The Wharton Global Youth Program’s Future of the Business World online course asks high school students to think deeply about how the landscape of business will change over the next 10 years.
When we recently posed this question to teens around the world, many responded with observations about technology, machine learning, artificial intelligence and pressing social and environmental issues. A few mentioned apps like Venmo and PayPal as fundamentally changing the way we interact with money.
Herein lies our jumping-off point: the intersection between finance and technology, which is so much more than an app on your phone – in fact, it involves all those above influences that are transforming the business landscape. It is fintech, and it is the future of business.
We recently scored Zoom time with someone at the forefront of fintech, both as the founder of a startup and as a first-year Wharton MBA who is the incoming president of the Wharton Fintech Club. Nathan Soffio has spent 10 years in product engineering at startup tech companies, some of them focused on finance, and is considered a fintech guru – in other words, he knows a whole lot about how the intersection of finance and technology is impacting your lives.
So, we asked him just that: What are some of the essential ways that the fintech industry is changing personal finance (appropriate given that April is Financial Literacy Month in the U.S.) and influencing the future business landscape?
First, he clarifies, fintech isn’t really a standalone industry: “Fintech plugs into almost everything we do in the digital age, which is why it’s so crucial that it continues to develop with transparency and equity,” says Soffio, whose startup business Proofetch is focused on financial inclusion and helping people access core checking and savings accounts even though they haven’t previously been part of the traditional banking system. “Checkout online? Fintech. Split a Venmo payment? Fintech. Applying for a loan? Fintech. Fintech is not just the apps you use to pay and get paid, but anything that involves making that money work for you, making sure that money is secure wherever it goes, and making sure you can get smarter and healthier with your money over time.”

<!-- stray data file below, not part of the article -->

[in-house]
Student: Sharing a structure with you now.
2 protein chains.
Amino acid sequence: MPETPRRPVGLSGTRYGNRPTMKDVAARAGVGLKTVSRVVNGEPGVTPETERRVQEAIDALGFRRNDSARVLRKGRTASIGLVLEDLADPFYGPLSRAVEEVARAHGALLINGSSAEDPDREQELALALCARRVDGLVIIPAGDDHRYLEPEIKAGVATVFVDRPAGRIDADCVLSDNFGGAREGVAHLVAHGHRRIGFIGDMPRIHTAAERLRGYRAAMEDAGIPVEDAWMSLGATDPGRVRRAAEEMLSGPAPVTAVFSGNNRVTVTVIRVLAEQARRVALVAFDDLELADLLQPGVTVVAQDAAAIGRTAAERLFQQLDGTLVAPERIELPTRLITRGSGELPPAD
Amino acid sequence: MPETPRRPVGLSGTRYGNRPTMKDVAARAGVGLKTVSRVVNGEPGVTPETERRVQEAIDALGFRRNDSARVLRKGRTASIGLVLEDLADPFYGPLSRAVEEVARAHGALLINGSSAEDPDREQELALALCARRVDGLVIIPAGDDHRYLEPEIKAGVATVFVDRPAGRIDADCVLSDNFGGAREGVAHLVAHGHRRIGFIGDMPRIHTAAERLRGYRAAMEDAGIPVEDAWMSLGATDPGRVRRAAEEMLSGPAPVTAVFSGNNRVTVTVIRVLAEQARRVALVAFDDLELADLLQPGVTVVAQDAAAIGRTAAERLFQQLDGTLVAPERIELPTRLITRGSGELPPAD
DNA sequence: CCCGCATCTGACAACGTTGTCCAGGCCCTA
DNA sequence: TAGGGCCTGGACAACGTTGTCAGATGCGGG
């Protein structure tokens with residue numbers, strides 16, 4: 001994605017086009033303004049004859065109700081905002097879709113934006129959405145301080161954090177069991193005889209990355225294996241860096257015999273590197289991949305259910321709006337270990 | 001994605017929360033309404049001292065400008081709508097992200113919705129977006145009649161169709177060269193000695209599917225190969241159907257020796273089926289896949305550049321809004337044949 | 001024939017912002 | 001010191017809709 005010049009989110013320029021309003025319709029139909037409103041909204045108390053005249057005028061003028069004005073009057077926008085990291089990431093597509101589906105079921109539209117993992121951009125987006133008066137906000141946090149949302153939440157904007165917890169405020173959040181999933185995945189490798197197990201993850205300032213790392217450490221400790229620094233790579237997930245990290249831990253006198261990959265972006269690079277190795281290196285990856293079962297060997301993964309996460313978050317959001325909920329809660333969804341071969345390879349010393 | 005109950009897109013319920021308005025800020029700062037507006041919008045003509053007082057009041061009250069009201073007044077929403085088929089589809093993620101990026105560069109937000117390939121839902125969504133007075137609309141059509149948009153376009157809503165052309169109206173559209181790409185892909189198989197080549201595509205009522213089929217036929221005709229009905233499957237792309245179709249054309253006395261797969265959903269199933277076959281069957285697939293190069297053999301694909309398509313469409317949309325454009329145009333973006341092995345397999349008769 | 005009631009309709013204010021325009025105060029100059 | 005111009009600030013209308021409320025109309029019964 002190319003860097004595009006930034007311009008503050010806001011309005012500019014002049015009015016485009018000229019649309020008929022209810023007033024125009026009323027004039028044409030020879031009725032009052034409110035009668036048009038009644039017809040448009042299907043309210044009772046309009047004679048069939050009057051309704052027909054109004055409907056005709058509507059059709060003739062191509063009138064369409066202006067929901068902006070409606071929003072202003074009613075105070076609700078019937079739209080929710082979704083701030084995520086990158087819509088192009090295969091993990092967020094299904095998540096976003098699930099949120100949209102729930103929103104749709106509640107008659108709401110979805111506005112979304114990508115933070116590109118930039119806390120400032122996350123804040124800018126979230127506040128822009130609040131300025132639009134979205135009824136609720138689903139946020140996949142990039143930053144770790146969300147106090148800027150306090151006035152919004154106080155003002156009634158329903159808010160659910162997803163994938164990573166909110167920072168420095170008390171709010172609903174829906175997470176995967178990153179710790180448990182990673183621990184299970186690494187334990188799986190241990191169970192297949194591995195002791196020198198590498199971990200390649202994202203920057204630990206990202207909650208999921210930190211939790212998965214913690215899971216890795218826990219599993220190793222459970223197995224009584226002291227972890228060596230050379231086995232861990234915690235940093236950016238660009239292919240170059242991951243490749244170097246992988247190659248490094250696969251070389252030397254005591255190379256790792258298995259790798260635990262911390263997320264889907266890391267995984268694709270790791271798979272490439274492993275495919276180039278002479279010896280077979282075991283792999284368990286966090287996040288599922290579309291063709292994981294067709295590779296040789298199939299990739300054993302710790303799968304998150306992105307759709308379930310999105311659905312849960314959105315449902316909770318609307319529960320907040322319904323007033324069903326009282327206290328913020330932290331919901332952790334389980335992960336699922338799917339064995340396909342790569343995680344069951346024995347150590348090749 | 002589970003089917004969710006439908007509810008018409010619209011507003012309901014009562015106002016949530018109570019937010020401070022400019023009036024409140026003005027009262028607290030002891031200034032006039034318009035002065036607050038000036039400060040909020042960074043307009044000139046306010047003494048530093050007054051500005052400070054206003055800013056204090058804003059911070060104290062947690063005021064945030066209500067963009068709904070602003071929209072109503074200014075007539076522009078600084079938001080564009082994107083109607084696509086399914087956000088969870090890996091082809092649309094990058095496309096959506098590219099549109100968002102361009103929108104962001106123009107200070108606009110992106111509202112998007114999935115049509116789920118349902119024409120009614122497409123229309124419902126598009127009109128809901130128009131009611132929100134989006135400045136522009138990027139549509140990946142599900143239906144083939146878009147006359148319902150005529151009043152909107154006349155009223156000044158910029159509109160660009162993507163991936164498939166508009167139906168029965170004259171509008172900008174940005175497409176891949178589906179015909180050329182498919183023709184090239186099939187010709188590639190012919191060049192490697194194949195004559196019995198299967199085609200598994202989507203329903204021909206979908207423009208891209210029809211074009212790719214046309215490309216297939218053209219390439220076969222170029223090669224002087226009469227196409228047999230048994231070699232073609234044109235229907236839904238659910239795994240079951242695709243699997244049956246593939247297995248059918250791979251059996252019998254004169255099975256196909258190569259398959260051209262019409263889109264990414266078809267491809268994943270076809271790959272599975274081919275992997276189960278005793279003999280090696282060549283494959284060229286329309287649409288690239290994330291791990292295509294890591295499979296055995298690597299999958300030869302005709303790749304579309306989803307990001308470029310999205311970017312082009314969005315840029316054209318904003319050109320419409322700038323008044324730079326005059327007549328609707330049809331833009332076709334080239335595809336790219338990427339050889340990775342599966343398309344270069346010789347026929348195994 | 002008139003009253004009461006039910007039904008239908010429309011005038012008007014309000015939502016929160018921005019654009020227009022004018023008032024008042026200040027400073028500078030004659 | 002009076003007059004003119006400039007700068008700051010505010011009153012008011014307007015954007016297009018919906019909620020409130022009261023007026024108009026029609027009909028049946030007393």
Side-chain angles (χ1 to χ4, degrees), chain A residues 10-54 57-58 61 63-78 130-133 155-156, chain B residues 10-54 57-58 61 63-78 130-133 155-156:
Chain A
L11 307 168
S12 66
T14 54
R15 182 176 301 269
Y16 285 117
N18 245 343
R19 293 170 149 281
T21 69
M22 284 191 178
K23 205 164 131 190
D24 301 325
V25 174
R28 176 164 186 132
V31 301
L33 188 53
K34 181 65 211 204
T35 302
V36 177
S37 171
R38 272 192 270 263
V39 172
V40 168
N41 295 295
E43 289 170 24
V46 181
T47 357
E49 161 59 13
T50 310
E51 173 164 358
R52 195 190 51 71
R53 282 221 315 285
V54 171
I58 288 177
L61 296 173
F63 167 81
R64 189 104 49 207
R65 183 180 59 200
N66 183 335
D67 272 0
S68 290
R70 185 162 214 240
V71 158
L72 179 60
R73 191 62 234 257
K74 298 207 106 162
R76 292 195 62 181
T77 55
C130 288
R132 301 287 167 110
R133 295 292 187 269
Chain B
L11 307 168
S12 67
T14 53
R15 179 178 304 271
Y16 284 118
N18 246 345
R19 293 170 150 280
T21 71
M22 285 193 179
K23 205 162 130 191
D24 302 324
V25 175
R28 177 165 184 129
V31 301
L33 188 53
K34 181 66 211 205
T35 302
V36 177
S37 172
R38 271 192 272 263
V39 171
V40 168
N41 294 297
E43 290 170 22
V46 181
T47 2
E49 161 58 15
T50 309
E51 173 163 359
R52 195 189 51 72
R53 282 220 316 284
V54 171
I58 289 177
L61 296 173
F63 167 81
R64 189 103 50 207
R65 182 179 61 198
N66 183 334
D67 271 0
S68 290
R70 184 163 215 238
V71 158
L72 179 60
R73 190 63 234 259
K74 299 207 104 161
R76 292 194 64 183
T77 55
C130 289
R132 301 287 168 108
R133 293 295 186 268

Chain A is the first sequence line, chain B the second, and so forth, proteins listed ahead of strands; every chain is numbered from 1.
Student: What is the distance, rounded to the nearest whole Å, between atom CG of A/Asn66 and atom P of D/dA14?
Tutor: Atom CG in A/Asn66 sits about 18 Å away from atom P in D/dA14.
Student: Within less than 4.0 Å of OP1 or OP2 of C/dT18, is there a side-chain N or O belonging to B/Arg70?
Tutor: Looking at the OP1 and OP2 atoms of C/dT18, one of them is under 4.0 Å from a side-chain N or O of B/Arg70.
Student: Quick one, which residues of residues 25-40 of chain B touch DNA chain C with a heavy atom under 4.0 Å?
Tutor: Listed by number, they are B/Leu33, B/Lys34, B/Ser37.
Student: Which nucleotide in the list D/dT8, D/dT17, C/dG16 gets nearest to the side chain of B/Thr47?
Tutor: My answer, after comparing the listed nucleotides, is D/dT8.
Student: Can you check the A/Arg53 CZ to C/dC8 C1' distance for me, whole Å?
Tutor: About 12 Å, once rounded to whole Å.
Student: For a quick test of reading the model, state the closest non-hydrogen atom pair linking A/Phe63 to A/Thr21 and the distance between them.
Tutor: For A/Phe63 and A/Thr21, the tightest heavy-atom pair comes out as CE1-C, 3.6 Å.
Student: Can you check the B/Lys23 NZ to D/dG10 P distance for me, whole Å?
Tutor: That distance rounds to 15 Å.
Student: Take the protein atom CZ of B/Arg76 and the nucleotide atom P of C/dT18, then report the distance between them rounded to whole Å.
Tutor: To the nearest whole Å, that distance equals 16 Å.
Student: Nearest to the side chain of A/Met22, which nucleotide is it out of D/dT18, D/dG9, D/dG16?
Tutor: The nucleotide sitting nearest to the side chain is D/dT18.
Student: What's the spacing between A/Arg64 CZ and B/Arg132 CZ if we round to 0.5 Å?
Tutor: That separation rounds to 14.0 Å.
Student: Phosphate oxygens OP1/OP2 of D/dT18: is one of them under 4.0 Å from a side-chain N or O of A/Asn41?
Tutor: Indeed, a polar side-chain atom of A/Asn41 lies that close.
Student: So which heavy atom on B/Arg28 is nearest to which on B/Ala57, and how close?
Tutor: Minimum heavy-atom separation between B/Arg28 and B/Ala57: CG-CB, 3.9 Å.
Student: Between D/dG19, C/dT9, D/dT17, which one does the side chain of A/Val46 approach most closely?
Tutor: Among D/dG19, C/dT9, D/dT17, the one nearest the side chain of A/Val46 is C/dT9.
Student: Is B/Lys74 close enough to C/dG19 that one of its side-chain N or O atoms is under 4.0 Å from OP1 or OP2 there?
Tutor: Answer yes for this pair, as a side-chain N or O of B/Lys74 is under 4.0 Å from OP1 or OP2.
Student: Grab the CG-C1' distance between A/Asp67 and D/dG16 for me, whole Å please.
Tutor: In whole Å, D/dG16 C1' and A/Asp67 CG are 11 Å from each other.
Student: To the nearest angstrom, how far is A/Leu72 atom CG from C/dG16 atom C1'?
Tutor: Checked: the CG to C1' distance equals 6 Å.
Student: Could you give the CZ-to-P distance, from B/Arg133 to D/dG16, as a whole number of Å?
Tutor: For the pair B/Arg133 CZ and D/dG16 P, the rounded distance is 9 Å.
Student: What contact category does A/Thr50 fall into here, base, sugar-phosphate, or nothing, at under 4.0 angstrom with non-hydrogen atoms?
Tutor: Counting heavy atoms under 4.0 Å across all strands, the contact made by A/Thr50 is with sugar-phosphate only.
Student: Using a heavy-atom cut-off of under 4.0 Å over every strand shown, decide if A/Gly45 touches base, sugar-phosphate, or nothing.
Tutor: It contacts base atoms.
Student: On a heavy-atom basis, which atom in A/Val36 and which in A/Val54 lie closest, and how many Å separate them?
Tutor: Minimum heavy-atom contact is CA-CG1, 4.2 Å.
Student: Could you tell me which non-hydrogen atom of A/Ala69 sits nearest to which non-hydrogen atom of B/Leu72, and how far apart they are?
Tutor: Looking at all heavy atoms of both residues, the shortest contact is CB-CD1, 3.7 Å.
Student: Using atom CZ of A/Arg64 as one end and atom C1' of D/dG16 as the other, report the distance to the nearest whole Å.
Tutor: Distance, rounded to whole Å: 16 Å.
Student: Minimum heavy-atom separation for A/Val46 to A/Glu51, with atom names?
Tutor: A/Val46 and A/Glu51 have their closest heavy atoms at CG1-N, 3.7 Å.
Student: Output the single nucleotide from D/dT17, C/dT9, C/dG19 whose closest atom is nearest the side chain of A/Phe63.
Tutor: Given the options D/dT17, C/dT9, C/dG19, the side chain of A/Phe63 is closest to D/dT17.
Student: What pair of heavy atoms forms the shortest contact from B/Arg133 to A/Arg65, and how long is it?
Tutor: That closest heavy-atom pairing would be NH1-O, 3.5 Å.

With that, Soffio identifies four macrotrends in fintech. Fasten your money belts, because these digital developments will have you interacting with money in new and provocative ways, while also inspiring innovation and transformation in business.
- Embedded banking. Embedded banking describes banking-like services that live in all sorts of other apps that aren’t actual banks. Yes, Venmo is one example. Soffio describes it like this: You have the apps on top delivering a slick user experience, then you have a middle layer of companies that do banking as a service and allow you to manage checking, savings and sharing payments without interacting with an actual bank, and then the bottom layer beneath that is made up of traditional chartered banks. “Financial apps will continue to get more interesting and cooler and slicker and more functional as they get further and further away from any kind of underlying bank. This is embedded finance,” notes Soffio.